• 0:00 – intro
  • 2:19 – CCC to Trolleybus
  • 9:19 – ORCA
  • 10:50 – Gondola
  • 15:41 – Montlake transfers
  • 22:48 – Northgate truncation?
  • 27:04 – Strategies for advocacy
  • 31:15 – Rainier BRT
  • 32:25 – CCC’s future
  • 33:39 – link transfers
  • 40:09 – Colman dock
  • 42:10 – escalators in link stations
  • 43:53 – advocacy for HOV lanes
  • 50:06 – miderm elections
  • 52:04 – Sounder expansion
  • 54:44 – Northgate Link restructure

Apologies for the audio quality on my end… Skype wasn’t cooperating.

26 Replies to “Podcast #63: On an Optimistic Note”

  1. In my personal experience, I can walk from the Stewart/Denny stop served by the 255 & 545 to anywhere in SLU within about 10 minutes. That includes places like SCCA and the Hutch, most of Amazonia, the UW Med research building.

    There is no proposal that I have seen regarding truncating or redirecting Eastside routes at Montlake that improves access to SLU. The forced transfer to Link essentially would change reaching SLU from a 1-seat ride (no transfer) to a 3-seat ride with two transfers required.

    Evenings and weekends and even weekday mid-days, outside of Husky stadium events, there is little traffic on the 255 or 545 that is destined for the U-District. That’s why the 540 failed miserably and was continuously cut back to a peak only route, and the 542 carries little traffic outside the peak. The ridership is headed downtown. Google Transit shows that using the 541/542 and transferring to Link is approx 10 minutes slower than staying on the 545 or 255, even with I-5 and downtown congestion. And Montlake offramp and bridge congestion and openings are unpredictable and frequent. Returning from downtown in the evenings, especially when Link drops to 15 minutes, the transfer penalty is likely to be even worse than the 10 minutes that Google Transit shows – timed transfers will be difficult to successfully schedule

    There may be a problem during construction, if the Flyer stop has to close before the lid is in operation, but once the lid is in operation I believe that 255/545 headed downtown will be able to serve the lid stop and then continue downtown.

    1. Thanks for the Fourth of July gift of a podcast.

      The 545 situation is several different issues.

      1. Off-peak ridership to UW is suppressed because the buses don’t go that way. The Montlake flyer station is an unpleasant concrete jungle to wait in and a significant walk to UW Station, and the 48 is now truncated so it goes no further than 45th. This causes people going between the Eastside and north Seattle to drive, and when habits become ingrained or they don’t know much about transit in the first place, they forget that a bus option even exists.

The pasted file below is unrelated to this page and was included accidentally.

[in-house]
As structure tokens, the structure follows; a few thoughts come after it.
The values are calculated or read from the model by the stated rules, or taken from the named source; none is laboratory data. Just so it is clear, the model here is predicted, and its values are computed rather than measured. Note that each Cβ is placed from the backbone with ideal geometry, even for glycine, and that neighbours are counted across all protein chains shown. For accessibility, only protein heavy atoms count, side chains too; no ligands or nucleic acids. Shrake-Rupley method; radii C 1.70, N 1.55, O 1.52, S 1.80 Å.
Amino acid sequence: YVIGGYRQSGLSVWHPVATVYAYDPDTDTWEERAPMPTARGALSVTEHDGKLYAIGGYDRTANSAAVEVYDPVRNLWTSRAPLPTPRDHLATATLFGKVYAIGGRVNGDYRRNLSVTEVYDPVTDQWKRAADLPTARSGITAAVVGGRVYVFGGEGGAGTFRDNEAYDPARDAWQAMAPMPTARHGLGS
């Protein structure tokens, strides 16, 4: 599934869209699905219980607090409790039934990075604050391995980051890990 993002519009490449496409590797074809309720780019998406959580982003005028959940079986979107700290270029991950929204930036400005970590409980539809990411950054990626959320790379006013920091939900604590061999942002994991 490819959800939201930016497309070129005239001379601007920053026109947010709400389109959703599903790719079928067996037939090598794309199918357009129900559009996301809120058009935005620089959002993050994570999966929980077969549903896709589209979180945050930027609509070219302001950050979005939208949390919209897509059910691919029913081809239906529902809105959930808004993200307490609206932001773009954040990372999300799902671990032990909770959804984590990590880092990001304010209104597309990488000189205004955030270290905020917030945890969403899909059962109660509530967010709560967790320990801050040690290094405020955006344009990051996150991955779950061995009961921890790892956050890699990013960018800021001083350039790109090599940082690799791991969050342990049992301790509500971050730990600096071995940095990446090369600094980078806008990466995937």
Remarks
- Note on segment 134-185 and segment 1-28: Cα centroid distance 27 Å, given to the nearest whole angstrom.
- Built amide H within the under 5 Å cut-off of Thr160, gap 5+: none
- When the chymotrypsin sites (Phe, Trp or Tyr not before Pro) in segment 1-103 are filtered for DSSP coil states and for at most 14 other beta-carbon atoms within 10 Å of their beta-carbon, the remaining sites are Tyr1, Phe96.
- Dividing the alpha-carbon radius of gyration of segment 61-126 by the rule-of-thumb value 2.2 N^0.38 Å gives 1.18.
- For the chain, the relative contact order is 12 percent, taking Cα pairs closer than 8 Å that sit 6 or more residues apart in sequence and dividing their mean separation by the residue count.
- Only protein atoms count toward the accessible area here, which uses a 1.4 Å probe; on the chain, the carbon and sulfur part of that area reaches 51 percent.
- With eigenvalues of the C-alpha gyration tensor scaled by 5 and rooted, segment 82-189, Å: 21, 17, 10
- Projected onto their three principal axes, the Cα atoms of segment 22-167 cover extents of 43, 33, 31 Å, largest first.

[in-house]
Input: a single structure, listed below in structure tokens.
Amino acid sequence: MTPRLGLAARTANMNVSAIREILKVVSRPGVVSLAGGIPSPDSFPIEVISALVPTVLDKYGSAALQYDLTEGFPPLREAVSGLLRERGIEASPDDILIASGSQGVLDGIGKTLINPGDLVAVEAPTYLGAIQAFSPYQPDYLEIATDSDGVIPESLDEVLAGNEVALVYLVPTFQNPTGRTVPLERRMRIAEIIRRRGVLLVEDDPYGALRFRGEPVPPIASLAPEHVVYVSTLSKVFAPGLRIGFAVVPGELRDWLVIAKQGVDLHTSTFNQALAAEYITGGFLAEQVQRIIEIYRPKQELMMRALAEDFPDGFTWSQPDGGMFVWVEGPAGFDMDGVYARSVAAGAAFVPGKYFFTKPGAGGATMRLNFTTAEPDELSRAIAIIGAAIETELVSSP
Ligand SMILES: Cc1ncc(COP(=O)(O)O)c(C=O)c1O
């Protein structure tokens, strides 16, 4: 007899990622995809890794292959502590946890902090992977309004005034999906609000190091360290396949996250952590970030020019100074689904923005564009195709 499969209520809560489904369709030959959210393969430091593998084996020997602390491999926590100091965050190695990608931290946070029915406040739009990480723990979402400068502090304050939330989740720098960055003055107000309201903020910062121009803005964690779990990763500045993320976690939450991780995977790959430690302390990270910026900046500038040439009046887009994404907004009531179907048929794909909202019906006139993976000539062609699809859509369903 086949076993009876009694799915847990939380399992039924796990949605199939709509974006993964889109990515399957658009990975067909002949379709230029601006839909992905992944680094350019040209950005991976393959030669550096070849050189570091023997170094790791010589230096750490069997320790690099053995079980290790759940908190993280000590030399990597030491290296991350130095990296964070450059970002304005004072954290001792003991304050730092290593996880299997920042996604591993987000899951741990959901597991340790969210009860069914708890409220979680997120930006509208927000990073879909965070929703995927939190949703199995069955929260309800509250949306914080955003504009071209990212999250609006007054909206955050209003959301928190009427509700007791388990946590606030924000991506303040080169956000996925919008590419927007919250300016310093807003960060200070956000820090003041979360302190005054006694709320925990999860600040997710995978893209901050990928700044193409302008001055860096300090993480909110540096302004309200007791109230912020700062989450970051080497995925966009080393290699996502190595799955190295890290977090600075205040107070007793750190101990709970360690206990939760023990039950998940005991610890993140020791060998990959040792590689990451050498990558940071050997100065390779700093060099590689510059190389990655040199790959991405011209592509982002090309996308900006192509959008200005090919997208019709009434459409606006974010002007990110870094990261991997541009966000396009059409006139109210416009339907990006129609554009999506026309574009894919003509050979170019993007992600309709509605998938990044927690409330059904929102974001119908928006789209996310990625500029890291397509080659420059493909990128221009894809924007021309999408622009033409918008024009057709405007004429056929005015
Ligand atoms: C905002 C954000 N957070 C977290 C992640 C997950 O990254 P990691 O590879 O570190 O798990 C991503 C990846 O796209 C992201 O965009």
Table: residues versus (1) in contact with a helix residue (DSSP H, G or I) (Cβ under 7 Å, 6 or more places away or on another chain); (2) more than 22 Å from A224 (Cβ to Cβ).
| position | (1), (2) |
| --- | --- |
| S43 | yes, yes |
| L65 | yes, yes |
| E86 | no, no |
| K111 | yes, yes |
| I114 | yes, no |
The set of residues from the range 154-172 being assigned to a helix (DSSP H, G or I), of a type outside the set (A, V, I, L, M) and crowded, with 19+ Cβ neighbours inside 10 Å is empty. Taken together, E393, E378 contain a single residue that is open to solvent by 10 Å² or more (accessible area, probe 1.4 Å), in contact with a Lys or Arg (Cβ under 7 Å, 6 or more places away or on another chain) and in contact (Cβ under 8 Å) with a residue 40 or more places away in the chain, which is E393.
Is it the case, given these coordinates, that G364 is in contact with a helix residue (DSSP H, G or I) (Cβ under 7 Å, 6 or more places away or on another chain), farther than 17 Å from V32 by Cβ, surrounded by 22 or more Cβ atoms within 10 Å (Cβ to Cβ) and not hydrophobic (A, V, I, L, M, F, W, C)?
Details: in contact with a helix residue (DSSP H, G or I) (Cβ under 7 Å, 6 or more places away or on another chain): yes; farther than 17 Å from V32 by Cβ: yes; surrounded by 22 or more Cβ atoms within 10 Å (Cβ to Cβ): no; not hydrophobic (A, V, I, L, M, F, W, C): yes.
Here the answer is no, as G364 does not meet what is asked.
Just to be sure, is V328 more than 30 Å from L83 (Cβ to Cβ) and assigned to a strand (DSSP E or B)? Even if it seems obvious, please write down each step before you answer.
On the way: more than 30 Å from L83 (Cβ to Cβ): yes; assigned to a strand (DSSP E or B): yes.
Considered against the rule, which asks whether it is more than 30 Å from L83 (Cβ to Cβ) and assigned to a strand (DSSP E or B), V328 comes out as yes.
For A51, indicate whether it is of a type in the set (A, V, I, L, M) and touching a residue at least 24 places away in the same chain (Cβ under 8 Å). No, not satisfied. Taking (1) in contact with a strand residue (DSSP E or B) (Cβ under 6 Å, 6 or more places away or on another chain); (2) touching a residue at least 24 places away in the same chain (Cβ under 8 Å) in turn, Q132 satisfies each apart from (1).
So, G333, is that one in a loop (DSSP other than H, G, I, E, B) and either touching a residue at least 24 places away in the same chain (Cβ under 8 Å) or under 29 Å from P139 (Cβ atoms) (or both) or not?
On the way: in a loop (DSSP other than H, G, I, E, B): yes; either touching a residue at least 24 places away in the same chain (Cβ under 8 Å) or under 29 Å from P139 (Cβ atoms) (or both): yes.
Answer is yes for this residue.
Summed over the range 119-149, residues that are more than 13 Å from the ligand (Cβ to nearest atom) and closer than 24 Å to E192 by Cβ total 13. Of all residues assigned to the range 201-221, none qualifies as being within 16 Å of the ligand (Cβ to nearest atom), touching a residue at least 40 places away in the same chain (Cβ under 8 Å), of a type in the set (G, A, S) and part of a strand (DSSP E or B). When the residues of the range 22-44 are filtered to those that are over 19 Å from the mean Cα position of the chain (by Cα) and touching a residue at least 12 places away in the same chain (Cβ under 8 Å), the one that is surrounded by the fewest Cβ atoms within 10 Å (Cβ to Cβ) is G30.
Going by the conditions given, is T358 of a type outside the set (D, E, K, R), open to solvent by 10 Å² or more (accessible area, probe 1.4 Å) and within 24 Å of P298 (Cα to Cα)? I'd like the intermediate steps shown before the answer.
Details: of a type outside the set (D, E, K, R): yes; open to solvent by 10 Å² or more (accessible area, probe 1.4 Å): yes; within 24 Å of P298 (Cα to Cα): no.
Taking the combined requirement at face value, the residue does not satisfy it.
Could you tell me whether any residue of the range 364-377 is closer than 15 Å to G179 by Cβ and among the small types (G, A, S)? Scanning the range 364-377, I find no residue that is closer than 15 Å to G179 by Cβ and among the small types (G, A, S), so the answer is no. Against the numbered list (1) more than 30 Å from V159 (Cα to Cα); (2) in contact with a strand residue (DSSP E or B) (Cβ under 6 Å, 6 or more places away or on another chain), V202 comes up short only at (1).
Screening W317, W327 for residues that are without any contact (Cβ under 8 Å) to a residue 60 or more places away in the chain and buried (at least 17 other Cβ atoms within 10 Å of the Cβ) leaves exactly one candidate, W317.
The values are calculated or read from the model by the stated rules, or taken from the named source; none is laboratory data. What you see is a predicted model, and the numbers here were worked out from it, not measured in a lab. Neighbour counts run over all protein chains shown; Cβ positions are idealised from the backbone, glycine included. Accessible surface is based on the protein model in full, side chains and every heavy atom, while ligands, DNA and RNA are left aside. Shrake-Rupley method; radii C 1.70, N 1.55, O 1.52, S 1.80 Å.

2. The unpopularity of the 540 is consistent with the general unpopularity of transit in Kirkland. Kirkland’s restrictive zoning downtown and along 108th means that only the wealthiest people can live there, and they generally drive and have little concept of effective transit. Students and those with lower-paid jobs are pushed to Redmond and Crossroads where they have more choices.

      3. I don’t know about the 542’s off-peak reidership but Ill take your word for it. The 545 also has lopsided demand, it’s just that its peak hours are more skewed late and spread out than usual: it gets 10-minute packed buses between around 8 and 11 AM, and I don’t know PM. But evenings and weekends it’s pretty empty.

      4. The 545 has major reverse commute. If not 50%, at least 35-40%. So peak-direction transit lanes aren’t a total solution for it. If, after East Link, Link absorbs most of the Microsofties, then maybe the 545 can become a peak-direction supplement. Although I don’t know if the 545 is even needed after East Link opens.

      5. You can’t transfer from the 255 or 545 to a UW route when the 540, 542, 555, and 556 aren’t running. The 271 goes through Medina and doesn’t serve Evergreen Point, Yarrow Point, or Montlake Stations. The entrance ramps don’t allow it. 520 has BRT-like service peak hours but it drops to almost nothing evenings and weekends. There has been talk of moving the 271 to 405 or extending the span of the 555/556, but none of those are in Metro’s long-range plan.

      6. Service to downtown may be tolerable now but it will get worse.

      1. Anecdotally, I’ve ridden the 545 on weekends a few times. There’s typically about 20-30 people on board, maybe 5-10 getting on/off at Montlake Freeway Station. Not bursting at the seams, but not empty either. (But, still very low passengers per hour compared to rush hour, since there’s so many fewer buses per hour).

        As Mike said, if nothing changes, the transfer option at Evergreen Point, outside of weekday daytime hours, simply does not exist because the 271 doesn’t stop there. Even if the 255 restructure happened, the wait time to go to Redmond would still be excessive, since you’re transferring between two half-hourly routes (hourly on weekends after 7 PM), which cannot be well-coordinated due to unpredictable traffic in downtown and random Montlake bridge openings. If buses are truncated, a connection to Link is going to involve much less wait time. For one, Link is frequent all day. Two, a bus that starts right at the Link station can be timed to meet it.